From a vast wall of available glazes, the colours of spring are often preferred, including soft blues and a new favourite, petal pink.

Recently, a set of little teacups, leftover from devising the perfect whimsical lid for a tea pot, provided the opportunity for her to go crazy with colour. “I had a ton of fun with a little gold lustre added for glitz.”

This spring, Anne celebrates three years as a potter and she still looks forward to coming to the studio every day to make beautiful things for her own collection and for others. “I love private commissions and working in the service of someone else,” says Anne, noting the joy she also gets from making a piece of pottery for each client of her husband’s company, Crossford Construction, to welcome them back into their newly renovated home.

When asked what drives her passion, she says happily, “I love creating, and as an artist this is the first type of art I have found that allows me to be mindful and completely in the moment. Ideas flow from my mind out through my hands. The studio is a very creative space for me to learn and grow as an artist. While at work I am always busy in my head thinking, trying and taking risks. There are lots of failures but also lots of successes.”


The importance of nonsense 

The soothing beachy tones and layered patterns in his tiled sculptural hangings reflect Nate Nettleton’s happy childhood spent along the banks of Lake Erie.

“My dad built furniture out of driftwood and I would spend hours in his shop, watching and learning,” says Nate. “One day while stacking up little piles of wood, I discovered a visually pleasing combination which would later become the foundation of my first artistic series.”

Years later, the kitchen counter of a small apartment provided space for a newly-married Nate to cut and arrange overlapping squares of reclaimed and new wood to replicate the movement of waves. Dyed, fabric-covered squares add a textural component to a colour palette of whitecaps, sand, water and sky.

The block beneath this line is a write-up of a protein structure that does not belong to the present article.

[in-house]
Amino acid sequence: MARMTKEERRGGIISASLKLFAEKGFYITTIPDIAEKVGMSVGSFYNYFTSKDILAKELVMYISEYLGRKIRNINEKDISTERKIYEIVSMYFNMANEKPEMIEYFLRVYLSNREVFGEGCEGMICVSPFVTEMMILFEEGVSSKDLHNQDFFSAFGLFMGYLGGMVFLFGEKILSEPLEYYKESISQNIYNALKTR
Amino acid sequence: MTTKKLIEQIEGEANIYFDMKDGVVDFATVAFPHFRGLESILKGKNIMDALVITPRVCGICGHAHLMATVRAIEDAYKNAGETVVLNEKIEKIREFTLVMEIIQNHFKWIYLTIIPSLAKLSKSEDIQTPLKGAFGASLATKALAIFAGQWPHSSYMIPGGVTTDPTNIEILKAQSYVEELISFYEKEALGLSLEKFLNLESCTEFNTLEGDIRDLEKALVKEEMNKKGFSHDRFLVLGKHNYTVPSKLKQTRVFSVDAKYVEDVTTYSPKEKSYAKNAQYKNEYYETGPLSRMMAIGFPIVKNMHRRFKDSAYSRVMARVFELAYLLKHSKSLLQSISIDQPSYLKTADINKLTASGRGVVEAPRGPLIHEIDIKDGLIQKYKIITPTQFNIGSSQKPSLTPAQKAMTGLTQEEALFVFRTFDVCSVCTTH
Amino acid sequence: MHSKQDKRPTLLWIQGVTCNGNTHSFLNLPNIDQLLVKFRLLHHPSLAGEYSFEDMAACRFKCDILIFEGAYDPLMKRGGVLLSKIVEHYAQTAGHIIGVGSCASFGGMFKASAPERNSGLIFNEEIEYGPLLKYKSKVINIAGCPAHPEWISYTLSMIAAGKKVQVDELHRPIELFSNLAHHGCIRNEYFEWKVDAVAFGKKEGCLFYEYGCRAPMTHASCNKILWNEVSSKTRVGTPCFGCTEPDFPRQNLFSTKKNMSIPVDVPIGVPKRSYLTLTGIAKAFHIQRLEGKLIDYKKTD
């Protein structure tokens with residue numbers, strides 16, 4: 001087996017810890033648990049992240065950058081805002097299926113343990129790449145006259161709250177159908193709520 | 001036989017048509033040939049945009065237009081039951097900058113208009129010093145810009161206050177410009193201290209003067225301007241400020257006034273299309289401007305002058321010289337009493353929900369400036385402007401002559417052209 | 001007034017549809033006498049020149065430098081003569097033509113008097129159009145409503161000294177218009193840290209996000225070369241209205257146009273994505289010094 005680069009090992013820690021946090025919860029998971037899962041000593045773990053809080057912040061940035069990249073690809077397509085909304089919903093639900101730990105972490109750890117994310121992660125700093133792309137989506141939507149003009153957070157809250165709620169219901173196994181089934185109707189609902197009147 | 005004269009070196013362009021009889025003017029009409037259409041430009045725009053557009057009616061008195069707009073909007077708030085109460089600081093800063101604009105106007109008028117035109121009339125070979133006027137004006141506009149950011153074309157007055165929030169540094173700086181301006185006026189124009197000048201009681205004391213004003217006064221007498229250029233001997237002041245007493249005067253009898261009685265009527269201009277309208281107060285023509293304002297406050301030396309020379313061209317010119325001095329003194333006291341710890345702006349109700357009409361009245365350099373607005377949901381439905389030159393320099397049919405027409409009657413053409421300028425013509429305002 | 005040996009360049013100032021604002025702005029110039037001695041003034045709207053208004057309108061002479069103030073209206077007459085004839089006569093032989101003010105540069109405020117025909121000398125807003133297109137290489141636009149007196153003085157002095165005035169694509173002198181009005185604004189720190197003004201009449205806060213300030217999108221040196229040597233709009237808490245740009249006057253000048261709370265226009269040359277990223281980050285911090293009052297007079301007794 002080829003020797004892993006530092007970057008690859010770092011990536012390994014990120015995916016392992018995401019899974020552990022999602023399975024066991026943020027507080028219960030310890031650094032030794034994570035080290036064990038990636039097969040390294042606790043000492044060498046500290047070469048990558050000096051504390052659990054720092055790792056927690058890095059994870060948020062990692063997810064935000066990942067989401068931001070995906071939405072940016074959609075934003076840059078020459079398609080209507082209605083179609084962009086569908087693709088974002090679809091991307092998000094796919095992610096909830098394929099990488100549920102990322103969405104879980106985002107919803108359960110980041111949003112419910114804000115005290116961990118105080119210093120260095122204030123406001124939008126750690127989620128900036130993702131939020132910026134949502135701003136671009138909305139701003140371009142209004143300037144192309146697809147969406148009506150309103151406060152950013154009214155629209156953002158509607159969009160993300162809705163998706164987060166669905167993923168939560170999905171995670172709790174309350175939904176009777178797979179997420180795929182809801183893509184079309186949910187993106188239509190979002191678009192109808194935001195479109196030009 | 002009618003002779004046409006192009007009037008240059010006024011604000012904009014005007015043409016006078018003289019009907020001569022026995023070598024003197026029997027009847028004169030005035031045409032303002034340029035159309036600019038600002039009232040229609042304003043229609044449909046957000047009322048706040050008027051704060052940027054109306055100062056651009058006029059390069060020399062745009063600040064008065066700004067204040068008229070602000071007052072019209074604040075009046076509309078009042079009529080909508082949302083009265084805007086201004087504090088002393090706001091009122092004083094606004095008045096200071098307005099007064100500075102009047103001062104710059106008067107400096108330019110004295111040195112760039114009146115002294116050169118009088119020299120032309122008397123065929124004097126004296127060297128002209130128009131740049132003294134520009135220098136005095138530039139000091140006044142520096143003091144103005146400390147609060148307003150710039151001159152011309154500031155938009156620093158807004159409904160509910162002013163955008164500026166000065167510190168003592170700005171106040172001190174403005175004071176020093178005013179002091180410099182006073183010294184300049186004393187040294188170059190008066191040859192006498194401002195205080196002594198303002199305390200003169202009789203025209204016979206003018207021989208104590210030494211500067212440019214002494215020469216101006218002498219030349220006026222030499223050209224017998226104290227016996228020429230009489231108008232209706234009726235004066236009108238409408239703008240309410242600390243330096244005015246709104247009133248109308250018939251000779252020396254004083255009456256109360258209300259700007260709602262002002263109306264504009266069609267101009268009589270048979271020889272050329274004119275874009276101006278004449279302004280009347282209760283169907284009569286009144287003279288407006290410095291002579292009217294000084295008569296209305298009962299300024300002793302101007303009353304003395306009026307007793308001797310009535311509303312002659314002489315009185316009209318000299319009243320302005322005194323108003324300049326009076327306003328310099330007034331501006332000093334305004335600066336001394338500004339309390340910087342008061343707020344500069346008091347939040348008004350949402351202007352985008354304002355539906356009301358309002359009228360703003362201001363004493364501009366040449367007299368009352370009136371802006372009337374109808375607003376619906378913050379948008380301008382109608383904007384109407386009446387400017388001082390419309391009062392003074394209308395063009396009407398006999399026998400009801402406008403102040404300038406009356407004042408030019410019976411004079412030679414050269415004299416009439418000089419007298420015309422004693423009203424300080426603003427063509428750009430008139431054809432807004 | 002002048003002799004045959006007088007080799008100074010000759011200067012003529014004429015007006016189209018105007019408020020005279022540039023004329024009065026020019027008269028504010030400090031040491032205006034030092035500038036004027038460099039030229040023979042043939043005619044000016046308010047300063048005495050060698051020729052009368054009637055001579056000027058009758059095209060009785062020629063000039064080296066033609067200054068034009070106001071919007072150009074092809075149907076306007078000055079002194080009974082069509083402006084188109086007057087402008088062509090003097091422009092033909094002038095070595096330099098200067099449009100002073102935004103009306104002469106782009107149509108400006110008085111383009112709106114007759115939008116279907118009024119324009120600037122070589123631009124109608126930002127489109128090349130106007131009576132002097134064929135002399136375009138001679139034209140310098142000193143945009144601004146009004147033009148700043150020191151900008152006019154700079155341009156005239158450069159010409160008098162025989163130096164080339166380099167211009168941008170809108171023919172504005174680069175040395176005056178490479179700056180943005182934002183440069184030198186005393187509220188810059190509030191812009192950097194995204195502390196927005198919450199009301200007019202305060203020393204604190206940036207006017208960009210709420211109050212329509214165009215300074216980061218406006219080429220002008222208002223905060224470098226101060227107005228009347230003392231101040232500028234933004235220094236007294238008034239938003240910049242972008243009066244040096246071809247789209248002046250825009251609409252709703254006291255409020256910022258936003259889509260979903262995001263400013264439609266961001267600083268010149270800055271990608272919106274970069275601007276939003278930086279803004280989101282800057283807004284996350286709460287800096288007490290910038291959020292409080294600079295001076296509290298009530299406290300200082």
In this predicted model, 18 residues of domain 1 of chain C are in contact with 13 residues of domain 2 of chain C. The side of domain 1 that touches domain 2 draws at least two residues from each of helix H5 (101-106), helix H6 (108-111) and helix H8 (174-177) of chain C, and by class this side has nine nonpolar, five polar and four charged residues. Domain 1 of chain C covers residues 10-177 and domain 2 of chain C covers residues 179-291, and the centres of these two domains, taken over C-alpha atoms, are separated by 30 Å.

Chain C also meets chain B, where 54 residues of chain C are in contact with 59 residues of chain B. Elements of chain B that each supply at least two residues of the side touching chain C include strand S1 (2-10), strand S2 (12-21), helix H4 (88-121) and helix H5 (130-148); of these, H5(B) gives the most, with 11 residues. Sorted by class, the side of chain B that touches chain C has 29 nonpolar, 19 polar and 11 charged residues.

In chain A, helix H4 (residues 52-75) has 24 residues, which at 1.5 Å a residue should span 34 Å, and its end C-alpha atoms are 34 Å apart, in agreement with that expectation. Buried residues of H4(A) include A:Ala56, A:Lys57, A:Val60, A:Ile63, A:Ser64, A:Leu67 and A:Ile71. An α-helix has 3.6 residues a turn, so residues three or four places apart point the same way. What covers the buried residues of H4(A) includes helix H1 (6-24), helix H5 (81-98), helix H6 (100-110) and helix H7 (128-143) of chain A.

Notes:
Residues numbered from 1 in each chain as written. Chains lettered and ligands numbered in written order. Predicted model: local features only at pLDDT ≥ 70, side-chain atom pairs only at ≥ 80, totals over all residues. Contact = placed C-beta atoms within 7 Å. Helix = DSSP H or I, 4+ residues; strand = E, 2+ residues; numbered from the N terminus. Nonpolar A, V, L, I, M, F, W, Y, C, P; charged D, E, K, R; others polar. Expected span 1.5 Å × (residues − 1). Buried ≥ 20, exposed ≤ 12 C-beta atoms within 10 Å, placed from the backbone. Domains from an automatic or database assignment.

As living spaces increased in size over time, so too did the dimensions of Nate’s creations. His newer Scribble Sculptures are comprised of hand-drawn scribbles, blown up, projected onto wood, cut out with a jigsaw and painted. Nate isn’t sure how he came up with this unique idea, but suspects that his background in psychology may have played a role.

“I currently help run a very open-style art club at the school where I work and was really drawn to the scribbles and doodles of young children. Scribbling is therapeutic, conveys a lot of emotion and I really like the freedom it holds. I thought it would be cool to take this perceived ‘nonsense’ that is often thrown away and make it big and important.”

His most recent works, a series of larger cube-shaped art installations, have turned the outdoors into his latest studio. Each open-sided structure has different materials suspended inside, such as brightly coloured tree branches bound together in a piece titled Possibility.

“The idea is that the material enclosed within the cube is representative of restraint and the hardships of life with portions beyond the frame indicative of empowerment and overcoming.” Although work is usually a solo venture, with power tools whirring and sawdust flying, Nate calls his wife Kayla a godsend for the hours she has spent helping him with installations.

Similarities found in his three styles of work reflect a fascination with movement, water and natural forces. Every creation takes a different length of time to complete, depending on whether chosen materials need to be cleaned, treated or found. Nate’s desire to create keeps pace with his growing collections.

“My mind is always thinking about my work. I wake up in the night to make notes on colour, patterns and materials. Art has become a need and I have an internal desire to keep exploring different ideas through art. All I know is that I need to do this as much as possible.”

Asked what a budding collector should purchase, he suggests, “Something that you like the way it looks or what it represents.” Those attending Nate’s upcoming show at Seven Below Gallery, in Old Ottawa South, from July 6 to 30 should be able to do just that.


Chloe E. Girvan